Both Sachin and Mukesh deny that the acquisition was driven by common shareholders. “Doing something only for the common shareholders isn’t fair,” he says. When talks progressed, Flipkart’s 10 member board decided to keep the common shareholders out. “They were not part of any of the negotiations or deal terms,” he said.
Kalaari Capital and IDG Ventures are also large shareholders in Myntra whereas the South African media conglomerate Naspers is a large shareholder in Flipkart. In July 213, when Naspers picked up an additional 8.6% stake in Flipkart, the retailer was valued at over $1.6 bn.
“We weren’t talking of an acquisition in the beginning,” says Sachin. But soon enough, they discovered that Mukesh Bansal was thinking of a long term play, just like they were. He was not going to give up that easy. That would mean a long drawn out battle which could hurt both the companies and common investors.
But with an acquisition, the price competition is now set to come down. In Indian ecommerce, prices have been driven down by competition to a large extent. Deep discounting is also a common practice.
“It flows from the philosophy that the Walmarts of the world have had in the past and that will continue but a little bit of competition comes down,” Sachin pointed out. Flipkart and Myntra will operate as separate entities.
For the consumer, very little is likely to change. Flipkart, which has 18 million registered users and 3.5 million daily visitors, is likely to start selling Myntra’s private labels on its site while Myntra continues to focus on the Fashion category.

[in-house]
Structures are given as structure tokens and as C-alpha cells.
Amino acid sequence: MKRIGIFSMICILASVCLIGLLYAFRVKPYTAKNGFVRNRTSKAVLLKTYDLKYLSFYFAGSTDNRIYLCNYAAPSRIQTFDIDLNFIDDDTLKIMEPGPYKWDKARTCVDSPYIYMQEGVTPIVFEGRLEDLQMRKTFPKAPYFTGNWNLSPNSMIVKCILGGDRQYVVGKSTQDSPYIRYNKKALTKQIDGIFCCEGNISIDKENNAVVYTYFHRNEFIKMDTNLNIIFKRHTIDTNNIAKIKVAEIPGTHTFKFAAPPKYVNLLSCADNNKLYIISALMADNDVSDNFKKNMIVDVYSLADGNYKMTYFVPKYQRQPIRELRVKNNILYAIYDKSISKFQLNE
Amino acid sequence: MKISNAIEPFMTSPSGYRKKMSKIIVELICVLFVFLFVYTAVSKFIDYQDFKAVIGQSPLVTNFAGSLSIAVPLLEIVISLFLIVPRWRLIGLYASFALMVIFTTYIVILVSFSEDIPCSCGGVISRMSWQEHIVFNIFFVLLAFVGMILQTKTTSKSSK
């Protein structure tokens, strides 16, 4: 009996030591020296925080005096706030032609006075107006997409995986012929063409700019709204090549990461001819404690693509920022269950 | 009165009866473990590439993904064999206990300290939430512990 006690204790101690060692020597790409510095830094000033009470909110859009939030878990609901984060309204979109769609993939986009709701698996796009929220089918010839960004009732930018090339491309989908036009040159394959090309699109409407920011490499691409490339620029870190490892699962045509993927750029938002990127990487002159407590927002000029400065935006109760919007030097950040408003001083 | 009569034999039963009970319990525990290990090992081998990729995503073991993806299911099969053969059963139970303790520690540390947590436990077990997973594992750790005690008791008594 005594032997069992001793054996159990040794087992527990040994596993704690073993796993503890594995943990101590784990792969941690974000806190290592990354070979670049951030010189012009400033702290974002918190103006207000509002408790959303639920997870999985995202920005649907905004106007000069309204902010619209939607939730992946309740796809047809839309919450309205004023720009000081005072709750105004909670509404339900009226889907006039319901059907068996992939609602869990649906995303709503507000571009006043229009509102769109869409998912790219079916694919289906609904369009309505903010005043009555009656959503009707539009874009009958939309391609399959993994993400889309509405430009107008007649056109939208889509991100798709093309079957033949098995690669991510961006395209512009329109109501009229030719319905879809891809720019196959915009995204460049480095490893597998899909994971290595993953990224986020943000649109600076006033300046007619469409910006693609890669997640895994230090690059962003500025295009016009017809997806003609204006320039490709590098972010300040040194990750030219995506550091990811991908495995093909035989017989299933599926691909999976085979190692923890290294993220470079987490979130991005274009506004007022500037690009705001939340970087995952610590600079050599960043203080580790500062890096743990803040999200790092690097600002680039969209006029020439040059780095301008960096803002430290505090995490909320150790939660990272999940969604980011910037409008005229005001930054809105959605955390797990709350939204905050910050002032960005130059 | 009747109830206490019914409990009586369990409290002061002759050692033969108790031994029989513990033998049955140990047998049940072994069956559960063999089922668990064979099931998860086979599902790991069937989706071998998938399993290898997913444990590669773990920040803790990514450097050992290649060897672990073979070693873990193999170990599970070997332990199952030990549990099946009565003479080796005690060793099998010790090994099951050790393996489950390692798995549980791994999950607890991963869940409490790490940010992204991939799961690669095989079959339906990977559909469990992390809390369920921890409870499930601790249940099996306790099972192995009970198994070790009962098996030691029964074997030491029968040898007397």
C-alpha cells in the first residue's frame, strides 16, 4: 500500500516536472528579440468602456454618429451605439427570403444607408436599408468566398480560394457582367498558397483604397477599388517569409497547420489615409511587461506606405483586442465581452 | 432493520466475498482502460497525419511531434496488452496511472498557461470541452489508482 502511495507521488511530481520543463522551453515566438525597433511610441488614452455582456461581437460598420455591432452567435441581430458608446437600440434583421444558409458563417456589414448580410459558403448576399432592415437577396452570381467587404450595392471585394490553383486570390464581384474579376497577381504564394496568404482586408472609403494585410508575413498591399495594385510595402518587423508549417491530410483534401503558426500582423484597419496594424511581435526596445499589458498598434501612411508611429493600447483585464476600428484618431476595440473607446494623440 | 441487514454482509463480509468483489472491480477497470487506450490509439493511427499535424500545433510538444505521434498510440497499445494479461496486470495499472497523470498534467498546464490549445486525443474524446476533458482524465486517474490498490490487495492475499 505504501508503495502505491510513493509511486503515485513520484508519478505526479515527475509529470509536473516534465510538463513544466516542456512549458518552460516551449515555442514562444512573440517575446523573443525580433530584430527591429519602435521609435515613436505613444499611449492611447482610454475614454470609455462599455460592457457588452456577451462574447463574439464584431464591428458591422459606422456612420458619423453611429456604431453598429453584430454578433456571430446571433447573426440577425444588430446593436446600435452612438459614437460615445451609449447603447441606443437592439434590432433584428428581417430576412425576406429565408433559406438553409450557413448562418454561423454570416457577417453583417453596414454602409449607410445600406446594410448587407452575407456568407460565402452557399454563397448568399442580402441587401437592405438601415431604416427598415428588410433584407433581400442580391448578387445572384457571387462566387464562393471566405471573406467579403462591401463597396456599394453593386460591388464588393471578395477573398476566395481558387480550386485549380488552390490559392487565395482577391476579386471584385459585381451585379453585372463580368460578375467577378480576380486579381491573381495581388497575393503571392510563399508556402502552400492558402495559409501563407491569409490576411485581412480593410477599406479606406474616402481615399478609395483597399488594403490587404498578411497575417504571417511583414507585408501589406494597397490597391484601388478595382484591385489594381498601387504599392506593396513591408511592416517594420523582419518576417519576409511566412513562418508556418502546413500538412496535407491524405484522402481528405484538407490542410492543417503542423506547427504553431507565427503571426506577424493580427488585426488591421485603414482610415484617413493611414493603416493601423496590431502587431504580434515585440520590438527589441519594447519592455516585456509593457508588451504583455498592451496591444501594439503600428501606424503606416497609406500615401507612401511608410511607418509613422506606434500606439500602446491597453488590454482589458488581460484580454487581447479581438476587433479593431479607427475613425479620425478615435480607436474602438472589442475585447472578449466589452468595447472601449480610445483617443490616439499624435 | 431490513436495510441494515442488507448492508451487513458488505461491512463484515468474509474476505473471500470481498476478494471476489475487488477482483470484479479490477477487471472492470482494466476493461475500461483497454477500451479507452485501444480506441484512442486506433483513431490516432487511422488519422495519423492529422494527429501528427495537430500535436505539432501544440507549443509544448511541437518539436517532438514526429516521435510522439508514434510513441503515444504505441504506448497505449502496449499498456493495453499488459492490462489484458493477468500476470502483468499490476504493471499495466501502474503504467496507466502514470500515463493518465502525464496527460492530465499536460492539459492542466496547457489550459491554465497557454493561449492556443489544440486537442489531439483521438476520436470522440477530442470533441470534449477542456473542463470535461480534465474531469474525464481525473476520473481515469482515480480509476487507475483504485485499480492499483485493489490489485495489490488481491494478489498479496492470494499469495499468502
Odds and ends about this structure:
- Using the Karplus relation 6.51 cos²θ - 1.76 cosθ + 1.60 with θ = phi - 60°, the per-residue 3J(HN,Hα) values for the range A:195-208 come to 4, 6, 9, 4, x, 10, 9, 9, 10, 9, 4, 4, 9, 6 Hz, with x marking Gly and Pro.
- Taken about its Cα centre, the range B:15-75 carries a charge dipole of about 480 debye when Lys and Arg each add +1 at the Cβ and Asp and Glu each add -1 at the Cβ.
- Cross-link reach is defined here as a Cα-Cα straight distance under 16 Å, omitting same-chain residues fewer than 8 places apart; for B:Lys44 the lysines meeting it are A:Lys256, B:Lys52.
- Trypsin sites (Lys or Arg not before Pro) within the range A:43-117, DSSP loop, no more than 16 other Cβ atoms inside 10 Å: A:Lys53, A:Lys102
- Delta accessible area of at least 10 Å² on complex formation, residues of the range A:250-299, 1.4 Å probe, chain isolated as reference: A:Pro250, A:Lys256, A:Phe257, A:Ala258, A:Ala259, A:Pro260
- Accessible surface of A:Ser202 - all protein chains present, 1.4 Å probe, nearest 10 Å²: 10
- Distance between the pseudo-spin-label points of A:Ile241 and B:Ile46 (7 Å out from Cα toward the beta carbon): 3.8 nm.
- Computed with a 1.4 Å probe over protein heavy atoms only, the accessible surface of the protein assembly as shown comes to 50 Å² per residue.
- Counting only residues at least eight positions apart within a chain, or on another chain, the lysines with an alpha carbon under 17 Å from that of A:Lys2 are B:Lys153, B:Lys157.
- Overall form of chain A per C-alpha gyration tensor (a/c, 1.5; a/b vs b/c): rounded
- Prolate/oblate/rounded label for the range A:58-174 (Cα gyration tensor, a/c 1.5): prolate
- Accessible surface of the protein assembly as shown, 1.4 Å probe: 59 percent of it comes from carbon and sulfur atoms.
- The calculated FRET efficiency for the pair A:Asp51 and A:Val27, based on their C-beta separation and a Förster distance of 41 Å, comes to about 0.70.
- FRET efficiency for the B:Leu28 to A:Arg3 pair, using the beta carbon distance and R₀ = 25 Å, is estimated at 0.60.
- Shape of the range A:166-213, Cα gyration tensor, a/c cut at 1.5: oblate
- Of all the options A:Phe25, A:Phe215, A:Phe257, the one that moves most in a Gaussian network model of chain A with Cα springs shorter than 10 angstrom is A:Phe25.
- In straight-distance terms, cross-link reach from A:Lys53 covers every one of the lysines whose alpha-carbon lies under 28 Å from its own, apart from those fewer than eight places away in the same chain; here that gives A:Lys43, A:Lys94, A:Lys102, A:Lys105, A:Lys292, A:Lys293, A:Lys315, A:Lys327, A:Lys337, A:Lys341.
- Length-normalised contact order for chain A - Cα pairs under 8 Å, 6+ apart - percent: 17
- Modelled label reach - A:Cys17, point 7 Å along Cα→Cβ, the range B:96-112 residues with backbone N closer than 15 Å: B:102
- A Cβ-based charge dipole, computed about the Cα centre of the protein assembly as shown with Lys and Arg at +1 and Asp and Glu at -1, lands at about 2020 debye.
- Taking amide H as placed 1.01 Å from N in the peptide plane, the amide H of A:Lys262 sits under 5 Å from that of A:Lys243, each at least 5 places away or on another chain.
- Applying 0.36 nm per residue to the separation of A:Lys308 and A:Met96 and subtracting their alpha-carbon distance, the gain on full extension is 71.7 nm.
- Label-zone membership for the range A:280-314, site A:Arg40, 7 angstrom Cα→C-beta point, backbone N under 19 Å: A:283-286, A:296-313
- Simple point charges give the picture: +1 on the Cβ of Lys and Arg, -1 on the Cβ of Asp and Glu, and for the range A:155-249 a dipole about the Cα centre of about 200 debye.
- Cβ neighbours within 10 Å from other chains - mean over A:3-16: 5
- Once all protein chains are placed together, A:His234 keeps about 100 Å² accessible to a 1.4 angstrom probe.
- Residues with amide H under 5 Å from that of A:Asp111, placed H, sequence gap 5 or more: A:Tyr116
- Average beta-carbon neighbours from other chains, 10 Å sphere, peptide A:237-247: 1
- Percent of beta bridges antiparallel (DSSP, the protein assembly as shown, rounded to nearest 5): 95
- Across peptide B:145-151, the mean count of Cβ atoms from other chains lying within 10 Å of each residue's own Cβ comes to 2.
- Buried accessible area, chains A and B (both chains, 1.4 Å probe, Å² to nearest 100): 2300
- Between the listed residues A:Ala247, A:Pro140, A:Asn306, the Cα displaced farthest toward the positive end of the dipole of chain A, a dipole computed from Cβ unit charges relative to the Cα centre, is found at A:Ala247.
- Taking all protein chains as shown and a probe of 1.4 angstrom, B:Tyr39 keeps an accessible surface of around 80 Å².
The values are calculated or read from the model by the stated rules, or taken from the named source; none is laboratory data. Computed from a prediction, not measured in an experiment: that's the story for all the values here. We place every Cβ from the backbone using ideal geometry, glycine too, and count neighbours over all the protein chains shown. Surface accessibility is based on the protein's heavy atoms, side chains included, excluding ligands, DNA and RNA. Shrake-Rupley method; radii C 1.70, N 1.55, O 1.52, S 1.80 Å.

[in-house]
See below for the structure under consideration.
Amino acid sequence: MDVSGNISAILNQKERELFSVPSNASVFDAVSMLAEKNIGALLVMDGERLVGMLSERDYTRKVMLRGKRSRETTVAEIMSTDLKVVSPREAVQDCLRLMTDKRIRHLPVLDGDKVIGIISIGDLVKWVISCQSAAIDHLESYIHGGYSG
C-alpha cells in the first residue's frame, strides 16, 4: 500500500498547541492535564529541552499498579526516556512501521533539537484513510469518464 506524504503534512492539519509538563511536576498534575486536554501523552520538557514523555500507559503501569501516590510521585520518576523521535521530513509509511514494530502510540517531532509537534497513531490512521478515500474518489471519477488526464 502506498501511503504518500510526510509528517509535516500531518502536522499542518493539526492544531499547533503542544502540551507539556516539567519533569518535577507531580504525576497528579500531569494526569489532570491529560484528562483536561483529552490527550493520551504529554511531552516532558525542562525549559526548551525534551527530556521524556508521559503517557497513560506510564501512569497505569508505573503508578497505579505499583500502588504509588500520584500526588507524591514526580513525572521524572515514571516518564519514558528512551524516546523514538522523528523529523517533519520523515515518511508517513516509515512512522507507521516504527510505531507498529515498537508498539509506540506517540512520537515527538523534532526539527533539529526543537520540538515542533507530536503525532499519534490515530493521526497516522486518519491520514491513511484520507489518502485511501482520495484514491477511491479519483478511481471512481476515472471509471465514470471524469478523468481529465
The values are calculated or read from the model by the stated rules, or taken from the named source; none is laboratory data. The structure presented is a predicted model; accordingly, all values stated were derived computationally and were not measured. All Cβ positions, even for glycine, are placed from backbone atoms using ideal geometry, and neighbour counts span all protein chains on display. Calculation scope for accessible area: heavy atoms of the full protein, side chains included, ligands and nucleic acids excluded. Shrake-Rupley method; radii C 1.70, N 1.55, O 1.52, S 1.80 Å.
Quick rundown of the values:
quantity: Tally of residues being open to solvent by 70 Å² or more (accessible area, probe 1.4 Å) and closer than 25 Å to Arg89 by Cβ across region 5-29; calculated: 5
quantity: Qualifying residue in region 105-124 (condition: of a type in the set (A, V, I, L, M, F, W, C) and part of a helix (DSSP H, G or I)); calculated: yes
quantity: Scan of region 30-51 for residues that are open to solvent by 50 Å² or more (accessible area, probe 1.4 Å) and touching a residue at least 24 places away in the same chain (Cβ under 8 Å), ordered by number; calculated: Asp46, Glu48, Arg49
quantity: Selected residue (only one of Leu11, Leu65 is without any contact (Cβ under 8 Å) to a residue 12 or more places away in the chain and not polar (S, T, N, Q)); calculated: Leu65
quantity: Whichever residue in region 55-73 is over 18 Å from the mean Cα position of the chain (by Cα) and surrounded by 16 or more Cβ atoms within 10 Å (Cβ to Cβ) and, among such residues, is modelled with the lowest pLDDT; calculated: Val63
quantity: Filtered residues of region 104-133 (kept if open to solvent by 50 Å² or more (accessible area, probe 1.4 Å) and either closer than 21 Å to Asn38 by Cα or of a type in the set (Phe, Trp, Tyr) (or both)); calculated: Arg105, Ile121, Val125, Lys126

“This acquisition is about scale..and independently going in our directions much faster,” says Binny Bansal, the other co-founder at Flipkart.
On the backend, Flipkart and Myntra will combine their strengths over time. Flipkart’s logistics arm and payment gateway will now provide service for Myntra. The two companies also have much to learn from each other in terms of their knowledge and culture. “The knowledge itself will be the biggest value from the deal,” he says.
Walk into the two offices and you can feel the difference. While at Flipkart, one can spot young engineers and code scribbled on whiteboards, Myntra’s office is a lot more chic and its easy to spot fashionably dressed young men and women.
The New Role Models: Alibaba